Flock vs Cair
There is something about riding a horse, aka equestrianism, because it requires many skills in vaulting with the horse as well as good quality equipment for efficient riding. By stating the efficient, the maximum riding pleasure along with comfort for both the animal and rider, are meant. Proper equipment should be used for a better care of the horse. Saddle is one of the most important aspects in equestrianism as it could affect negatively on both horse and rider, if there are shortcomings, especially in padding. Saddle is basically the seat on which the rider sits while riding, and that is more often made out of leather with some stuffing inside. Earlier, the saddles were stuffed up with wool and later the padding was done by placing air compartments inside saddles. Both these saddle types, Flock and Cair, are available for horse riders and this article talks about the differences and similarities between them.
Flock saddle is produced using wool flocking for the seat to help the riders back against the back of the horse. Wool of the flock absorb the shocks followed by the leaps while riding, protecting the muscles along the sides of the vertebral column of the horse as well as the backbone of the rider. Fine and soft wool is used in stuffing and the seat is soft to the exterior, which could be pressed by applying a gentle pressure of a thumb. Flock saddle therefore, makes a very comfortable seat. This is the traditional style of saddles, and the problems might arise if no proper care is given in maintaining the quality of the padding. With the time and usage, the wool padding in different places flattens out making pressure spots. Thus, the re-flocking will be required for flock saddles, generally once a year. If the re-flocking is not performed then, it results in muscle atrophy for horse, i.e. breakdown of muscular chains along the sides of the vertebral column of horse. However, re-flocking a saddle will require skills, knowledge, and wool which could be expensive. Wool is either white or grey or brown in colour. It is recommended to use the natural white wool as it permits the sweat to bed into horse’s back. The long fibres of the white wool are capable of resisting pressure than the other wool types.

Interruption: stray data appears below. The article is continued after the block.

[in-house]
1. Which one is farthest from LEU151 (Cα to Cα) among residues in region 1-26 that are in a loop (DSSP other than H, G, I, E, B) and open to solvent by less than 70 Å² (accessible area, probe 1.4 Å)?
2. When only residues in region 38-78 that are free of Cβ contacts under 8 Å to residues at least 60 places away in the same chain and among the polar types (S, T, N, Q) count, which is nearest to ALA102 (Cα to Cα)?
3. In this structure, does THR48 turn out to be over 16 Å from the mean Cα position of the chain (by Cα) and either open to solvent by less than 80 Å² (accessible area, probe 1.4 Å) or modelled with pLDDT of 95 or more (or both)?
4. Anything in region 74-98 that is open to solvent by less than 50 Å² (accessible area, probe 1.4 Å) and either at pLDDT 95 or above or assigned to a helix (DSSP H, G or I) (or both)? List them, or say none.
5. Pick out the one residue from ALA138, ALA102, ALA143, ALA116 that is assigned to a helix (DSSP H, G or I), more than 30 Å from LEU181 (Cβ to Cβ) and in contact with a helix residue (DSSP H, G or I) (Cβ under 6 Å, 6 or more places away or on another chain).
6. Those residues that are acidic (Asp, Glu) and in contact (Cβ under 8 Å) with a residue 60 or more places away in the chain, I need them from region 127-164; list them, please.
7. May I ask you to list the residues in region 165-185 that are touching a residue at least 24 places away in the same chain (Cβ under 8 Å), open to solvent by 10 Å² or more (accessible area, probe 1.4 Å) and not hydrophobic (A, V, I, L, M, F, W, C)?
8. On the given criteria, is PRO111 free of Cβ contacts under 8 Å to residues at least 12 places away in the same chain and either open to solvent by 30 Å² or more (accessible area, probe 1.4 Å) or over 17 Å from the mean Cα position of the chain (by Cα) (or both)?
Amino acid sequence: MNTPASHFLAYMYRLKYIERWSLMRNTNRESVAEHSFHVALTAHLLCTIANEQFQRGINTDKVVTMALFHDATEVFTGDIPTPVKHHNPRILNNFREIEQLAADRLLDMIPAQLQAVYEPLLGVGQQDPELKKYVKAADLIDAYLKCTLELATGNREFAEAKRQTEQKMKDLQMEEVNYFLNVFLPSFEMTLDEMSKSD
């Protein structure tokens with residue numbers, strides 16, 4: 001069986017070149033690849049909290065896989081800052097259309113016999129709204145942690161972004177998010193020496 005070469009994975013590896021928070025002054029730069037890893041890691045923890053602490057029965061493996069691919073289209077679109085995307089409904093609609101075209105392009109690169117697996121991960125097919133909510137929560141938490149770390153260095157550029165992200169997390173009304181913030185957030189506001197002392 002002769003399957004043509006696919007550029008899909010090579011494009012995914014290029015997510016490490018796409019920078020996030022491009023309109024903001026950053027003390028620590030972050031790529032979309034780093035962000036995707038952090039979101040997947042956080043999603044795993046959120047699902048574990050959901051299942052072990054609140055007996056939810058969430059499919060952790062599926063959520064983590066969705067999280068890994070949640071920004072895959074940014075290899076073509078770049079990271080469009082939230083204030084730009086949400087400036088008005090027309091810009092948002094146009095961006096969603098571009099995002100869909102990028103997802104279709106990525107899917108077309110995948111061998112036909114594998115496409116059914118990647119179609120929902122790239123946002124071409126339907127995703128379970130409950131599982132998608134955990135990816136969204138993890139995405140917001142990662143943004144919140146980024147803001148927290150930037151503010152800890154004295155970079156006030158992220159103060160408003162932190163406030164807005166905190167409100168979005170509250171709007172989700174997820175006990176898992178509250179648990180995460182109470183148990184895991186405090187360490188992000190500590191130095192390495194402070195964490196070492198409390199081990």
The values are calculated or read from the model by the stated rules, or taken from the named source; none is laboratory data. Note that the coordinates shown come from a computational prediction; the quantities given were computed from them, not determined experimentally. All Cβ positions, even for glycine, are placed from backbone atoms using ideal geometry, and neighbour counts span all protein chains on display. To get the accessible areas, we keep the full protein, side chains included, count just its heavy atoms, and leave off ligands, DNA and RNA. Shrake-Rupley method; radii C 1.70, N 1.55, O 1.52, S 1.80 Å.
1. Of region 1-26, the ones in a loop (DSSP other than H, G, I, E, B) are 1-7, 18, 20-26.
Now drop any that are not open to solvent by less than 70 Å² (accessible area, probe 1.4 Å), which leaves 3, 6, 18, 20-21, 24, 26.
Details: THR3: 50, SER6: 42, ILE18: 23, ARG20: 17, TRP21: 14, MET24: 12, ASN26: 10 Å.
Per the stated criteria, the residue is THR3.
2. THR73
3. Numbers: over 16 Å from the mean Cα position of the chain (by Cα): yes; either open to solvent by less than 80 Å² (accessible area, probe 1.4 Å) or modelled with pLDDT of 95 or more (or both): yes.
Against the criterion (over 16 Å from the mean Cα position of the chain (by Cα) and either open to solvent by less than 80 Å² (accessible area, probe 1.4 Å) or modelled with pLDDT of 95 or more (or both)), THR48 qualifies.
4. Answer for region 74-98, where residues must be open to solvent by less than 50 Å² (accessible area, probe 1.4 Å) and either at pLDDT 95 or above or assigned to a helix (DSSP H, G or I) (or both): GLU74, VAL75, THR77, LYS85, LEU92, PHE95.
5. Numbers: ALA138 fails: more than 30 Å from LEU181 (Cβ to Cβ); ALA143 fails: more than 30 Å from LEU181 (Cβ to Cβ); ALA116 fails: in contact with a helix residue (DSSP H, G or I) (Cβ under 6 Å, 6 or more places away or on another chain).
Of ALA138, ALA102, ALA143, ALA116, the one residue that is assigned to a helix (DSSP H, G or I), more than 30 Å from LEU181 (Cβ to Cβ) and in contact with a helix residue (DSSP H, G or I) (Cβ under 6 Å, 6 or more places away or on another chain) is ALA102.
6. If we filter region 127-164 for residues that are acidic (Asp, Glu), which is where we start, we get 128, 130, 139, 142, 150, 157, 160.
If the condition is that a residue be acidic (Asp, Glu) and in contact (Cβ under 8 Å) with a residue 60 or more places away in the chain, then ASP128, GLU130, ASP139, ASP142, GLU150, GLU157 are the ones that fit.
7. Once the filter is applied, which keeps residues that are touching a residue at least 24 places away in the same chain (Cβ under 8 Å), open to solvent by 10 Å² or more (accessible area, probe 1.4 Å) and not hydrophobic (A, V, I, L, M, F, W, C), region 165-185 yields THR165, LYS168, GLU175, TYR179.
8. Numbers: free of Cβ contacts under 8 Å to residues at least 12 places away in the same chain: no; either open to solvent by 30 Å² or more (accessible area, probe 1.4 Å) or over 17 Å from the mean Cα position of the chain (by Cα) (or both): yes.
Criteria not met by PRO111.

CAIR stands for Circulating Air, which means the conforming the horse’s back and rider’s weight while riding is managed by circulating air inside the saddle. Panels contain foam blocks filled with air to absorb shocks. As the horse moves, the air inside the panels circulate to provide more cushion and impact resistance for both the animal and the rider. These foam blocks are hard in structure and pressure spots will not occur with time. CAIR saddle lets the muscles along the vertebral column to move freely. However, if the saddle is overinflated, it will be more bouncy and even the rider could be bounced off. Filling air could be done by an air pump and the pressure could be changed according to the horse and the rider. Despite the initial cost, the maintenance may not be costly for the CAIR saddles.
What are the differences between Flock and CAIR saddles?
- Flock persists since its invention, which was at least many hundred years old but, CAIR is new and only few years old.
- From both of the saddles protection of the horse as well as the rider is accomplished but, in different ways; by wool padding in flock saddles and air circulation in CAIR saddles.
- Flocks have soft seats, those should be repaired annually to evade pressure spots whereas, CAIR saddle seats are hard, but not needed to be repaired annually.
- Also, in the case of flock saddle, re-flocking requires skills, knowledge, and money whereas, only an air pump is needed to fill CAIR saddles.
- However, the traditional flock is believed to be more comfortable for the horse.